Asobi? Tango??

You may be wondering what these two names mean. In this section, we’ll briefly cover the Tango peninsula, and Asobi Cho (literally “Playtown”)

The Tango peninsula

The Tango hanto (peninsula) is about 125kms from Kyoto, Osaka, and Kobe, and is easily accessible by car, train, or bus. The trip takes about 2.5 hours by car or train, and about 3 hours by bus. The peninsula is a beautiful, unspoiled destination with many mountains, forests, hot springs and a stunning coastline, that alternates between ancient lava, exceptional geological formations, and  long, white sand beaches. Rather than repeat what others have written, I’ll link to three great articles below.

This is a great article written by our friend, Chris Rowthorn, for Inside Kyoto:

Here is one from Discover Kyoto:

Asobi Cho

Asobi Cho (Playtown) or Asobi Gyoko (fishing port), is a tiny fishing village on the western coast of the Tango peninsula. Harking from late in the Edo period (c.1800), the primary industry of the time was most definitely fishing, which continued up until 2015, when the last commercial fishing boat ceased operations. The fishing out from the port is outstanding, with many varieties of fish in abundance, including Buri (Yellowtail), Sawara (Spanish Mackerel), Tai (Bream), Hirame (Flounder), and many types of Hata (Rock Grouper). Decent fish can even be caught inside the small harbour, and Suzuki (Sea Bass) and Tobiuo (Flying Fish) certainly enjoy these calm waters.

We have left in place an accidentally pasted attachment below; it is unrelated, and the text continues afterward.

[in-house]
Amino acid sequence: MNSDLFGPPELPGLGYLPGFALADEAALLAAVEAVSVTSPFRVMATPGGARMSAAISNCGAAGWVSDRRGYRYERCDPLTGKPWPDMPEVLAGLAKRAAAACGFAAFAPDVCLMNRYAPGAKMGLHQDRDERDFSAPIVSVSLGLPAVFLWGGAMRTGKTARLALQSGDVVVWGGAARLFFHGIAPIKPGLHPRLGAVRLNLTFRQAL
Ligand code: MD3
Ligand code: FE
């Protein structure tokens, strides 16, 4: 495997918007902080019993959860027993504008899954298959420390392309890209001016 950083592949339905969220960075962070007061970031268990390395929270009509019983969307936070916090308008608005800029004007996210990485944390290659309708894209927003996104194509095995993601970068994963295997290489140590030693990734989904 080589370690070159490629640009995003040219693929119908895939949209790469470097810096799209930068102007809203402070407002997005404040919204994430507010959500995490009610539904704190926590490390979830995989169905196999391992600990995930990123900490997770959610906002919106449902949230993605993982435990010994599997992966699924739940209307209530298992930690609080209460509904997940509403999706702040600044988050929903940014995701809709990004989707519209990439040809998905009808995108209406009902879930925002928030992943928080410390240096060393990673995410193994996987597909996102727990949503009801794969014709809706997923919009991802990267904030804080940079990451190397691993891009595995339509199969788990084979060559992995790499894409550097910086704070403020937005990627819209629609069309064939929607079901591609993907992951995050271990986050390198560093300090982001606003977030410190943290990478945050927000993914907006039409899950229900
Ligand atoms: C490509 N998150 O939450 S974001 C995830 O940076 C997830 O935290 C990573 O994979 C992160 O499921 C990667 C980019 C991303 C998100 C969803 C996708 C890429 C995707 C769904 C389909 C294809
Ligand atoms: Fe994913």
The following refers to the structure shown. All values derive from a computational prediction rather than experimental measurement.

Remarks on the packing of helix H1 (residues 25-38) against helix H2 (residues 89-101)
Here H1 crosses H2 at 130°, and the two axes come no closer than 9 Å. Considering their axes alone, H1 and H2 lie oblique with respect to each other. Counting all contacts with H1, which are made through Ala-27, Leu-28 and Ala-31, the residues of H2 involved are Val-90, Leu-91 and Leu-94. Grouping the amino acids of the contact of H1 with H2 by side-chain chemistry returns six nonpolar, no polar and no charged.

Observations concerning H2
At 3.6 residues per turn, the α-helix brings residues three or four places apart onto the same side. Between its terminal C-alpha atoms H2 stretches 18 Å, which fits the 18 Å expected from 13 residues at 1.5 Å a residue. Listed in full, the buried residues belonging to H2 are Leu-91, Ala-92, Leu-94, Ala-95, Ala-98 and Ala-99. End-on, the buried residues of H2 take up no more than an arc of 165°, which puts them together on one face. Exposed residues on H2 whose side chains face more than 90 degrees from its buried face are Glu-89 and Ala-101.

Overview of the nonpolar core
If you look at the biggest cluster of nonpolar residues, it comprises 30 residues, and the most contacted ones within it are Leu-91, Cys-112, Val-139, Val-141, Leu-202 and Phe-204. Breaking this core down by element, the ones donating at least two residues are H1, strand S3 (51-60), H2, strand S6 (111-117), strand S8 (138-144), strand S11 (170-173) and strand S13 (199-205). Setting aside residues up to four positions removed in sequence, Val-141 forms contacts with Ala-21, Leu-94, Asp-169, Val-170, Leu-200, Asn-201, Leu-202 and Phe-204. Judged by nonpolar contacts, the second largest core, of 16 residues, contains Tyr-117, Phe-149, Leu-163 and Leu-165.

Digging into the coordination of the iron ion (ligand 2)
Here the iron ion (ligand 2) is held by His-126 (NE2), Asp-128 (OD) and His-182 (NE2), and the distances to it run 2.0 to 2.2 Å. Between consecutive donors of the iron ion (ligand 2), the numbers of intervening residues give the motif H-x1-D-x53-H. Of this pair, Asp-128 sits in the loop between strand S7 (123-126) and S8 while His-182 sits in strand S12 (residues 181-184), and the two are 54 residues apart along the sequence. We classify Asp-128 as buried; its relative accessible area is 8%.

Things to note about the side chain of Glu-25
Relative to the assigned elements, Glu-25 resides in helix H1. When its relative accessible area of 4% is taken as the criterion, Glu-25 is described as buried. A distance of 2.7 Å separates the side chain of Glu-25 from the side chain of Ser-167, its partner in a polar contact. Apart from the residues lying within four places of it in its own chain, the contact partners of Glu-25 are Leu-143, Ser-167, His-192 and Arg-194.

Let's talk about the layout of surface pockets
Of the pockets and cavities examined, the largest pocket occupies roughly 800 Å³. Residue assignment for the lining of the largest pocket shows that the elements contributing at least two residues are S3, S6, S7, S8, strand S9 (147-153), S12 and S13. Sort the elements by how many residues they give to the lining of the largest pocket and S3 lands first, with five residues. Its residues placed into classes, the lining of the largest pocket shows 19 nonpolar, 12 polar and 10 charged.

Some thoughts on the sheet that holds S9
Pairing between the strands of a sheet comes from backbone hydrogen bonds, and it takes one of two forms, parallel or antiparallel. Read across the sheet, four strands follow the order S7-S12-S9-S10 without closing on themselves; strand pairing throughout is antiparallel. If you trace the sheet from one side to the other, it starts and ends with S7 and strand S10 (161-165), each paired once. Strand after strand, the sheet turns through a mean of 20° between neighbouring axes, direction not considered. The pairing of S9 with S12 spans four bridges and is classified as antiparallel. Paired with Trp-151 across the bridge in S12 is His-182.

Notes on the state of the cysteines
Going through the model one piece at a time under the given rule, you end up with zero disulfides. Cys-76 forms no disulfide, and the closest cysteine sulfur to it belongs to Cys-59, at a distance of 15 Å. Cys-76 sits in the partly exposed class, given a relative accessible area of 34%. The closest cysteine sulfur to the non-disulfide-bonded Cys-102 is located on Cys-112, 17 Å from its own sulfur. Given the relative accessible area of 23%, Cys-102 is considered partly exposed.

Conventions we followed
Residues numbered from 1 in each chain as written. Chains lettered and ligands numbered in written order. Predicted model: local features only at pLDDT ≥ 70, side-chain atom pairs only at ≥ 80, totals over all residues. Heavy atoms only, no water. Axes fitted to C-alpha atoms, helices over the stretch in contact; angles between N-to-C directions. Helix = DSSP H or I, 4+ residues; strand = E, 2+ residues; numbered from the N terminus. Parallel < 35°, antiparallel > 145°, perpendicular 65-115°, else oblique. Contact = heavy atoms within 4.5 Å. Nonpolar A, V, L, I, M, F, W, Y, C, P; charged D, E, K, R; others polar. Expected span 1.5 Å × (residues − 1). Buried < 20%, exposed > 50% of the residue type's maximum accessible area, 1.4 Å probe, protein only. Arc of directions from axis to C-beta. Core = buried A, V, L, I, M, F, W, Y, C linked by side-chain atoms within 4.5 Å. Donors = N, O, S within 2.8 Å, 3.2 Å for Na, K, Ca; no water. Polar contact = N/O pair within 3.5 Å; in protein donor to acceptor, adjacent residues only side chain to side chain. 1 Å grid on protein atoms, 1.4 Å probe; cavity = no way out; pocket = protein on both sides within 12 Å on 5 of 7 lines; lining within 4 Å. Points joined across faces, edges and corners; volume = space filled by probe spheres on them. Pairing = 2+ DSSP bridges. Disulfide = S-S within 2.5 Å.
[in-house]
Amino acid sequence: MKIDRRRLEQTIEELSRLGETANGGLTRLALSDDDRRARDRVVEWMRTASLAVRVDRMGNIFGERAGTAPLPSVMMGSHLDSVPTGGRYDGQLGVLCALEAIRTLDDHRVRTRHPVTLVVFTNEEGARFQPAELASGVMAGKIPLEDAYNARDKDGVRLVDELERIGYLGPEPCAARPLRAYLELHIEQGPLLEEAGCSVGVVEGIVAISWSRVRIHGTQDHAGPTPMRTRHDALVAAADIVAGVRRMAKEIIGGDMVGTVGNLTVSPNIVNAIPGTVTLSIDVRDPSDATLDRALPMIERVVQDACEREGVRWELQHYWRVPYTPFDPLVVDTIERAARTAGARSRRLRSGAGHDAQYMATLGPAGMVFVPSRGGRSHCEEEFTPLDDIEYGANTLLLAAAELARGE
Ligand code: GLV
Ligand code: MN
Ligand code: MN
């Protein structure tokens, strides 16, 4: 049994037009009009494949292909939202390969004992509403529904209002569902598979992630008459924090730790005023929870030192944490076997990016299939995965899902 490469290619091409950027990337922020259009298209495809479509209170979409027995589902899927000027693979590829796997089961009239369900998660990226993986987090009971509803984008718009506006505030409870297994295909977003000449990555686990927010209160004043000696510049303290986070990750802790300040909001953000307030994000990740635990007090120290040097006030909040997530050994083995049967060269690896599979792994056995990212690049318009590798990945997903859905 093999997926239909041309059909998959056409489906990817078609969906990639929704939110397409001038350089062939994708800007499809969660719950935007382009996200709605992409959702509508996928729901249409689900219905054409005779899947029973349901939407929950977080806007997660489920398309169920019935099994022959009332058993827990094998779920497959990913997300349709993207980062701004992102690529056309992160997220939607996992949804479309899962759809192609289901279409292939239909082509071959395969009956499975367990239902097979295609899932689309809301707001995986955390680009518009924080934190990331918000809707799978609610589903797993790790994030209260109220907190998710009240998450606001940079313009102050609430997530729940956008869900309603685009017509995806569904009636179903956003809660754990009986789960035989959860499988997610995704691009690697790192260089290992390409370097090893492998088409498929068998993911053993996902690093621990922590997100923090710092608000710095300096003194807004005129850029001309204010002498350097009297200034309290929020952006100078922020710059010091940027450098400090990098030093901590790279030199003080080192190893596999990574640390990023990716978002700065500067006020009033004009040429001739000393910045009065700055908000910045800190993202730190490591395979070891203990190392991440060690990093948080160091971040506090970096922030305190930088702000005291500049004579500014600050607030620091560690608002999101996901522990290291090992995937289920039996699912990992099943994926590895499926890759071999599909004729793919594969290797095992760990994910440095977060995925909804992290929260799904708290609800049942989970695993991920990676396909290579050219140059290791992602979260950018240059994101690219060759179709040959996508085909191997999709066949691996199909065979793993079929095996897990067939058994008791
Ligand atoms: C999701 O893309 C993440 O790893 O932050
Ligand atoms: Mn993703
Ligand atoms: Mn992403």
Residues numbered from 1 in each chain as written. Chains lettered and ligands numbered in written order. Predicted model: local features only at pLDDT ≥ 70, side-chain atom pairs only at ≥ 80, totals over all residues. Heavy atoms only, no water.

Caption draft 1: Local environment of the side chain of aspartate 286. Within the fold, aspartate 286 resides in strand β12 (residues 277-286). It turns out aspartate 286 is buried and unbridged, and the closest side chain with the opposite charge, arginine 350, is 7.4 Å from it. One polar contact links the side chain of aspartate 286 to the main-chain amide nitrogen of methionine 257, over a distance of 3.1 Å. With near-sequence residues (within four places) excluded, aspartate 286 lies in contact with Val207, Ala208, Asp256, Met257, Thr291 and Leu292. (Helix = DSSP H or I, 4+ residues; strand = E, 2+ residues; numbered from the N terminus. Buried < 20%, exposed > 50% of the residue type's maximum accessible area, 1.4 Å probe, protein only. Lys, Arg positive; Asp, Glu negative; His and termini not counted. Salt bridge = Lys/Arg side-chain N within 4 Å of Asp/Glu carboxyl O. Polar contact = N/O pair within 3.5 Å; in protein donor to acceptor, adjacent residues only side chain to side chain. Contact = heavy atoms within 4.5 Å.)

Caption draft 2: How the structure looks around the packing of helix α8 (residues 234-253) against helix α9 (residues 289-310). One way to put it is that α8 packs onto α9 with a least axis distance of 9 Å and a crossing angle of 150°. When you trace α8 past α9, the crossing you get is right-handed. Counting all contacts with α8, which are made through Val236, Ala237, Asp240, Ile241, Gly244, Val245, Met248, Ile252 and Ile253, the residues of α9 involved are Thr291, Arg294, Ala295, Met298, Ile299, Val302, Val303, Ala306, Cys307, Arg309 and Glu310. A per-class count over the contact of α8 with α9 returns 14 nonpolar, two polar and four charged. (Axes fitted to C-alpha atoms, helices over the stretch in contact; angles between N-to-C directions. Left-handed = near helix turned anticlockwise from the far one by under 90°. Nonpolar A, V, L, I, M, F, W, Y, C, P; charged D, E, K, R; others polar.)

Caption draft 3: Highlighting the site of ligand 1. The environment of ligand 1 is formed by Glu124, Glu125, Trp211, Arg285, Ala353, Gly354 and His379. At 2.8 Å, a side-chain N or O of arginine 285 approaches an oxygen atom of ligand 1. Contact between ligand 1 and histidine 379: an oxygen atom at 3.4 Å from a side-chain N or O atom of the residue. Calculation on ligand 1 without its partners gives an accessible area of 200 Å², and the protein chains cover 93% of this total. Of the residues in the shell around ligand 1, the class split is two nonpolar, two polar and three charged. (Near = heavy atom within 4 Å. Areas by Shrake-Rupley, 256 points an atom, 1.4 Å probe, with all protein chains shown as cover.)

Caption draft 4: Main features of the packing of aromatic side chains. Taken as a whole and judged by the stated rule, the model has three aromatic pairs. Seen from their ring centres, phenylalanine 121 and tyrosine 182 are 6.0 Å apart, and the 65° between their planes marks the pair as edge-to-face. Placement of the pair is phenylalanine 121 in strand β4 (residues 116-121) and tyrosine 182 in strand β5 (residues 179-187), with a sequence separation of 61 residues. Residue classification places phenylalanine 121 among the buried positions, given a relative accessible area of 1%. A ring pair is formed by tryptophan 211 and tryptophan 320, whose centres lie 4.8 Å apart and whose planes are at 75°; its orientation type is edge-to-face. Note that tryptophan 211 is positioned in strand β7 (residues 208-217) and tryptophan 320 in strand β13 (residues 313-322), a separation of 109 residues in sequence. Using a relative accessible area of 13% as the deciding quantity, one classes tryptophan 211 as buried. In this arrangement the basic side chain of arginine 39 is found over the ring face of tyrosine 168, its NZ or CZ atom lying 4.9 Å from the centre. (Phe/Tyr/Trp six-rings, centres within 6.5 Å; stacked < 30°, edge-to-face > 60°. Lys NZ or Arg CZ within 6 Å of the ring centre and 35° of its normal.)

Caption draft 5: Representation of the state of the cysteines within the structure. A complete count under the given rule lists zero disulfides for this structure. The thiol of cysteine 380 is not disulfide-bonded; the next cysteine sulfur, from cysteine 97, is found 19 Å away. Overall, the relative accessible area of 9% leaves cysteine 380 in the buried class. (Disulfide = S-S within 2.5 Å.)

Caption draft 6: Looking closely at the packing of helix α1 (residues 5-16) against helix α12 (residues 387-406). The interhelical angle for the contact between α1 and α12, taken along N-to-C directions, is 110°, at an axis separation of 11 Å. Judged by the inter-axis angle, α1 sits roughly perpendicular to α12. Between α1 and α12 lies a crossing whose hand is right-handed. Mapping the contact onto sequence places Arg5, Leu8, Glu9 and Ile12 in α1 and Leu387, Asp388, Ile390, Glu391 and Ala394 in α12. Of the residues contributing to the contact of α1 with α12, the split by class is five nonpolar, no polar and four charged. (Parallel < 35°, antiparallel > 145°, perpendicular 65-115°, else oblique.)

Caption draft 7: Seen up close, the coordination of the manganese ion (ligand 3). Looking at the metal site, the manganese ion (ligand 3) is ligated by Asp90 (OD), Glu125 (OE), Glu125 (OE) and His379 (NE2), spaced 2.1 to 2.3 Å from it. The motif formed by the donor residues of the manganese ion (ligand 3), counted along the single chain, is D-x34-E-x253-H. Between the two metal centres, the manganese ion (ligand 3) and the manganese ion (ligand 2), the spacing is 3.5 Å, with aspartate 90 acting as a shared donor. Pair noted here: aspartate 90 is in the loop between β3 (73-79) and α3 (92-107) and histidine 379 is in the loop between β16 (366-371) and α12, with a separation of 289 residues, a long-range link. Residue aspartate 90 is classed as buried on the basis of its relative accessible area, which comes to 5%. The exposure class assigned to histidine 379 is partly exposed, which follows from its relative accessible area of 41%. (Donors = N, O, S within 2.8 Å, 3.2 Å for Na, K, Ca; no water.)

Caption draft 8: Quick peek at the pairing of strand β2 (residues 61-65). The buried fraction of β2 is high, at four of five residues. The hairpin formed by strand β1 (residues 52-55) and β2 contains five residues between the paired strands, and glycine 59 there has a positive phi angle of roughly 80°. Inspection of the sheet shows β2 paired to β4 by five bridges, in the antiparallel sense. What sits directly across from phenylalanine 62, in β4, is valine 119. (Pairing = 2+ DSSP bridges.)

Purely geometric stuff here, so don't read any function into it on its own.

In the 19th and 20th centuries, the weaving trade took hold in the area, and most buildings in the village would have housed some weaving looms in order to make the local Chirimen silk fabric. Tango Chirimen (silk crepe) has been made in the Tango area since the Edo period (1603 – 1868) and still accounts for around 60% of all fabric production for kimono in Japan. You can find excellent information about Tango Chirimen at this website:

As with so many small Japanese villages, Asobi has seen its fair share of troubles, and most of the looms are now gone, to be replaced with a deafening silence. There is one loom still running in the village, but one feels the inevitable is just around the corner, as most youngsters head away to bigger cities for greater opportunity or adventure, leaving the elders to look after what is left. Many properties have fallen into disrepair, however there are some who believe that Asobi should be preserved and restored, and several buildings have undergone extensive restoration, Asobi Lodge included.

The future of our little village is looking bright, with domestic and international tourism driving the renaissance, as more people seek the quiet, relaxed atmosphere of the Japanese countryside, after the controlled chaos of the city sights. Asobi offers an abundance of simple pleasures, including coastal walks, great cycling, and of course, amazing food just up the road.